The Wrong Time to Block Aid to Afghanistan

On Monday, Rep. Nita Lowey (D-NY) announced she would not support foreign aid for Afghanistan until she was assured that the Afghan government had put an end to corruption.

"I do not intend to appropriate one more dime for assistance to Afghanistan until I have confidence that U.S. taxpayer money is not being abused to line the pockets of corrupt Afghan government officials, drug lords, and terrorists," said Lowey, who heads the House State and Foreign Operations Subcommittee. Lowey was responding to recent reports that more than $1 billion a year are flowing out of Afghanistan to elite Afghans outside the country, and that Afghan authorities have derailed corruption investigations of politically powerful Afghans.

Lowey's statement is an understandable expression of frustration. But cutting off foreign aid now is absolutely the wrong approach for the United States to take in Afghanistan.

After several visits to Afghanistan in the last few years, Human Rights First issued recommendations to the Obama administration last year specifically recommending that the United States help train Afghan investigators on evidence collection and documentation and help Afghan prosecutors provide fair prosecutions. Current plans do just that, in addition to working with Afghan officials on improving their own detention facilities and their judiciary.

Lowey's frustration is understandable, not only because of the Washington Post's recent news stories, but also because of this report prepared for the State Department last year that reviewed a broad range of Afghan institutions and concluded that corruption is rampant and growing. Not surprisingly, thirty years of war has undermined the development of reliable and legitimate institutions, and of a judicial system able to keep corruption in check. But to keep Afghanistan from returning to Taliban rule or simply descending into chaos, the United States has an obligation to help the Afghan government develop and enforce laws that reduce corruption and improve government transparency. Given the recent reports that Afghanistan has some $3 trillion worth of natural resources it's eager to exploit, transparency will be critical to make sure the proceeds of those riches don't just get shipped out of Afghanistan like the billion dollars a year flying out of there now.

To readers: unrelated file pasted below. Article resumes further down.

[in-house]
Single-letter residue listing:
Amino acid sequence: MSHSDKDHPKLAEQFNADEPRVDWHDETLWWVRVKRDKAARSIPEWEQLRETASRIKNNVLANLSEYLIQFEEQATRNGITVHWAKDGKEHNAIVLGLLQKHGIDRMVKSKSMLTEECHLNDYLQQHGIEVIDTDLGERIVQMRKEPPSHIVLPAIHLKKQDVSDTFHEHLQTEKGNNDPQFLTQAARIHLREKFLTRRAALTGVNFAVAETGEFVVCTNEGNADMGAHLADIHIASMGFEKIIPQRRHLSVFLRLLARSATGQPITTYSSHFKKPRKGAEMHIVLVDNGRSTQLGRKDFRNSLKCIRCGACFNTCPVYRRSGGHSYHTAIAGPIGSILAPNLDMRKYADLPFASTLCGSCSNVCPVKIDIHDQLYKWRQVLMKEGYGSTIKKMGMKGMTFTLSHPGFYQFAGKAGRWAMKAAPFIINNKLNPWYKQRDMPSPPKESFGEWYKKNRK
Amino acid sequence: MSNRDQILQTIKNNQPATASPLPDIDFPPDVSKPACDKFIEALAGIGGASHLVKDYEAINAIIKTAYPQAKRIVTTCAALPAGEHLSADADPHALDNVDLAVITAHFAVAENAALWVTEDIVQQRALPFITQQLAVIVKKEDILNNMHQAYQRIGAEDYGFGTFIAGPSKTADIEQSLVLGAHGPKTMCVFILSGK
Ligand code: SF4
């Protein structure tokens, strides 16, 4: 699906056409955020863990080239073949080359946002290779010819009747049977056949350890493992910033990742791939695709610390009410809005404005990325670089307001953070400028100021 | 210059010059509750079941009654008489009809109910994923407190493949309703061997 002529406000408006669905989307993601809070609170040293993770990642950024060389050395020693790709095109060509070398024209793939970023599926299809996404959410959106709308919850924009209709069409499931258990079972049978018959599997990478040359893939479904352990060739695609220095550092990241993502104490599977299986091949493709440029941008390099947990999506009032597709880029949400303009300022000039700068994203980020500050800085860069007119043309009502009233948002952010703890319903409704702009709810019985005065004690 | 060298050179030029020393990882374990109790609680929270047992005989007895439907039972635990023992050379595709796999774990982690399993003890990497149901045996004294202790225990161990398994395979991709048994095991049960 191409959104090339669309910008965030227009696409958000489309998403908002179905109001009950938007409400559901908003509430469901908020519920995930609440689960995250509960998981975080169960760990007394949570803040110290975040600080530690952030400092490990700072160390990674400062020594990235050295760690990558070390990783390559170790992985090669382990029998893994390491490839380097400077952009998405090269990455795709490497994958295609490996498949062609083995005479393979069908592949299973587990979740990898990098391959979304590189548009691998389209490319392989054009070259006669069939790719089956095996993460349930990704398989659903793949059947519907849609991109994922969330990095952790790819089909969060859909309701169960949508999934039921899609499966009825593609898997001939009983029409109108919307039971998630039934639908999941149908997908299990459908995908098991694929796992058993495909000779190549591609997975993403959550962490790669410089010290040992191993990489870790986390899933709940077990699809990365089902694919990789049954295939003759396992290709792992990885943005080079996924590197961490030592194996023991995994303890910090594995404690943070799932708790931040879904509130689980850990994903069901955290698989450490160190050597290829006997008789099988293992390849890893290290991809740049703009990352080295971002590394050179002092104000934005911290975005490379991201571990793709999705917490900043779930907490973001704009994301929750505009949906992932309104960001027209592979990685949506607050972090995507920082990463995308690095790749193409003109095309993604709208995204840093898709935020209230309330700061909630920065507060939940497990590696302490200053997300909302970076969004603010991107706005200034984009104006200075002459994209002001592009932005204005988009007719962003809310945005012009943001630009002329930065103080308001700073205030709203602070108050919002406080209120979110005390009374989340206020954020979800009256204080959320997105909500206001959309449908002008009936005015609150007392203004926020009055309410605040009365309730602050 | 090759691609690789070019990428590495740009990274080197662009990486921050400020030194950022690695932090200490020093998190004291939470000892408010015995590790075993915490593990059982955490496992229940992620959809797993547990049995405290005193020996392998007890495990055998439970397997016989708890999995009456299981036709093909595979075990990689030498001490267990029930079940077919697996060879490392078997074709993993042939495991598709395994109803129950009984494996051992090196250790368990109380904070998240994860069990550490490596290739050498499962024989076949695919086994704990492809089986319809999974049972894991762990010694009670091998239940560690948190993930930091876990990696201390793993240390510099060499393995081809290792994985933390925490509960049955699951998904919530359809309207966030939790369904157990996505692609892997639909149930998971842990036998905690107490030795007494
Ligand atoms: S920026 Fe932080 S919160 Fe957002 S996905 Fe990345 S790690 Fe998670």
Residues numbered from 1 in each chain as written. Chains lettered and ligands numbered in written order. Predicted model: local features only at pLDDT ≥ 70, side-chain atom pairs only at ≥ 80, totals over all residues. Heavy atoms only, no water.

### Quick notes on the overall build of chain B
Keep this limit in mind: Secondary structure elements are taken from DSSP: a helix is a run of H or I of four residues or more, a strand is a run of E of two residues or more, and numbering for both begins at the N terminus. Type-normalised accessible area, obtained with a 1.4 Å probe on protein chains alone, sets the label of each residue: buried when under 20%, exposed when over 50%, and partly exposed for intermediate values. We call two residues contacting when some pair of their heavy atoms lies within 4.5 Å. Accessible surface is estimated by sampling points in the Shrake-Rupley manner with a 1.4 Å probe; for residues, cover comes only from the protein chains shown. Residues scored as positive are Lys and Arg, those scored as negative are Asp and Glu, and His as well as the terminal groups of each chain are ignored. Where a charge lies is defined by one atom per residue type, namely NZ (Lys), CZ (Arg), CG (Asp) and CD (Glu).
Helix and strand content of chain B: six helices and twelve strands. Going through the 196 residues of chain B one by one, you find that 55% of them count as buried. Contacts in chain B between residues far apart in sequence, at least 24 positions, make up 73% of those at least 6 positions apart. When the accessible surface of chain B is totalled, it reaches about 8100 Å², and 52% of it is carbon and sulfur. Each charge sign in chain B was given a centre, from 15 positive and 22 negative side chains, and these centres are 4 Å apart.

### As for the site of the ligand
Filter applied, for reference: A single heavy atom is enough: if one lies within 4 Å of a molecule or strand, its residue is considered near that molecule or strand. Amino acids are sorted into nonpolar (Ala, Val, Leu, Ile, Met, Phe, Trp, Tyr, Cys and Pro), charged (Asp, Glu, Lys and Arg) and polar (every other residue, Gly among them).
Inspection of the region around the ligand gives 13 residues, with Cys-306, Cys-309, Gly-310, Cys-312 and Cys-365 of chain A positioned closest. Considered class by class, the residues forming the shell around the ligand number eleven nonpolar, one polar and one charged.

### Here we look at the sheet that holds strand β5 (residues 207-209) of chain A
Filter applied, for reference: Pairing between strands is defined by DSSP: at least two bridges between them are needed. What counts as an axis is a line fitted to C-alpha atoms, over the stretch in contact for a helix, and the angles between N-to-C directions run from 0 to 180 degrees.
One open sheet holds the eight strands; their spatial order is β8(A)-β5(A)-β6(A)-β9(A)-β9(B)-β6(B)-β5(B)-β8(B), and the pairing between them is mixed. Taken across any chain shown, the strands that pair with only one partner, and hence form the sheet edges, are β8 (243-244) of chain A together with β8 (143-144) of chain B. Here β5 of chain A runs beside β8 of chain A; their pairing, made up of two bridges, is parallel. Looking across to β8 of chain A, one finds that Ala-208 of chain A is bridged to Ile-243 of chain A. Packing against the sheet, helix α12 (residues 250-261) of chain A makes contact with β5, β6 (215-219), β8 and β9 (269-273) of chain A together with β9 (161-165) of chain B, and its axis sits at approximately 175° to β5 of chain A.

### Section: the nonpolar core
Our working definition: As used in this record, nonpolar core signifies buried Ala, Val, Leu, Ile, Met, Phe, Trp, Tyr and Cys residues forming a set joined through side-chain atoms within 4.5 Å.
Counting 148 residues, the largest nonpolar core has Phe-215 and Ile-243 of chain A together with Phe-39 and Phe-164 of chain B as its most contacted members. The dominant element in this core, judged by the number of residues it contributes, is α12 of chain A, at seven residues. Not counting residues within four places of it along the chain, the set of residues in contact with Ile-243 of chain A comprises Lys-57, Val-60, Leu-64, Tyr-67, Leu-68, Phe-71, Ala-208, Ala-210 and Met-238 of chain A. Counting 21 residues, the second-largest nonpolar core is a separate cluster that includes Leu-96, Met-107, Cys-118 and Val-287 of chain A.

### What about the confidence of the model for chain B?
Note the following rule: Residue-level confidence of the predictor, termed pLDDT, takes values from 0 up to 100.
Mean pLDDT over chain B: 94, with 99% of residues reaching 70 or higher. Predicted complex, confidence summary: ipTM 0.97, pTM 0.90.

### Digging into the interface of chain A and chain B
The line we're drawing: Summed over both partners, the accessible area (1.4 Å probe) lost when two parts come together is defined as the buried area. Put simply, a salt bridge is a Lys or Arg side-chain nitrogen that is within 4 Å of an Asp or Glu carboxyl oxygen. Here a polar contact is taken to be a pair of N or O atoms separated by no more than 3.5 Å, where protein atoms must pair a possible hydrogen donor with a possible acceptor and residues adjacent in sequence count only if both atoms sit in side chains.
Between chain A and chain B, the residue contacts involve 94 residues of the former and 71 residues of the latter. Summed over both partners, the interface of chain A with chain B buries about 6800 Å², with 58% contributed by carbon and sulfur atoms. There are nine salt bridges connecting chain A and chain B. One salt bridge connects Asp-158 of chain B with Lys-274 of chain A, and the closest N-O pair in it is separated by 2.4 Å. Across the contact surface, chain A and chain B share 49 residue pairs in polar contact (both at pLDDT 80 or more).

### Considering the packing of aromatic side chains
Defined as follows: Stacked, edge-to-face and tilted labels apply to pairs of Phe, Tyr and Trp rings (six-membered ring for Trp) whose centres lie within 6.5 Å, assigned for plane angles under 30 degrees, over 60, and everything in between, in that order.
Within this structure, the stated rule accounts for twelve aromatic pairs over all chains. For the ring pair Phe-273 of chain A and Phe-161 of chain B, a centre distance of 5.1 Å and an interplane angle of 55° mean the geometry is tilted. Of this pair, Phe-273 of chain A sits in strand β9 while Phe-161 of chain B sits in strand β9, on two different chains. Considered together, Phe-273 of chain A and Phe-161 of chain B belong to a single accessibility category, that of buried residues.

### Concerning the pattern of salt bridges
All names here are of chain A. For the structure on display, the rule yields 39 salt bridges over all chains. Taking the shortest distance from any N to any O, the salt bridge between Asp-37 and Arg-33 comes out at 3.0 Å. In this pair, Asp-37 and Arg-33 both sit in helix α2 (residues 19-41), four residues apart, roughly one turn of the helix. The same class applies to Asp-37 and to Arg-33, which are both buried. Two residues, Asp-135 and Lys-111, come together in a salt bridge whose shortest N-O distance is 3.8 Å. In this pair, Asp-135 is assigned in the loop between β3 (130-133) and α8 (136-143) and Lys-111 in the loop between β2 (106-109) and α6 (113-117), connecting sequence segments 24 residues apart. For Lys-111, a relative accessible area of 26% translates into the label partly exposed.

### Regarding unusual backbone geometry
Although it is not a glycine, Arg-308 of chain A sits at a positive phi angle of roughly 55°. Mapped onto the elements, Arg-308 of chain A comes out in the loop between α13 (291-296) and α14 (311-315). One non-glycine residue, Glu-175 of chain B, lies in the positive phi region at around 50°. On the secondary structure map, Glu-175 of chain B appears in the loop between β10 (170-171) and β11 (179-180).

Although our NATO allies should and will be helping in this effort, the necessary "nation-building" isn't going to happen unless the United States commits to funding carefully-targeted programs designed to improve governance and reduce corruption. Continued funding can be made contingent on the acceptance and participation of Afghan leaders and institutions with this anti-corruption agenda.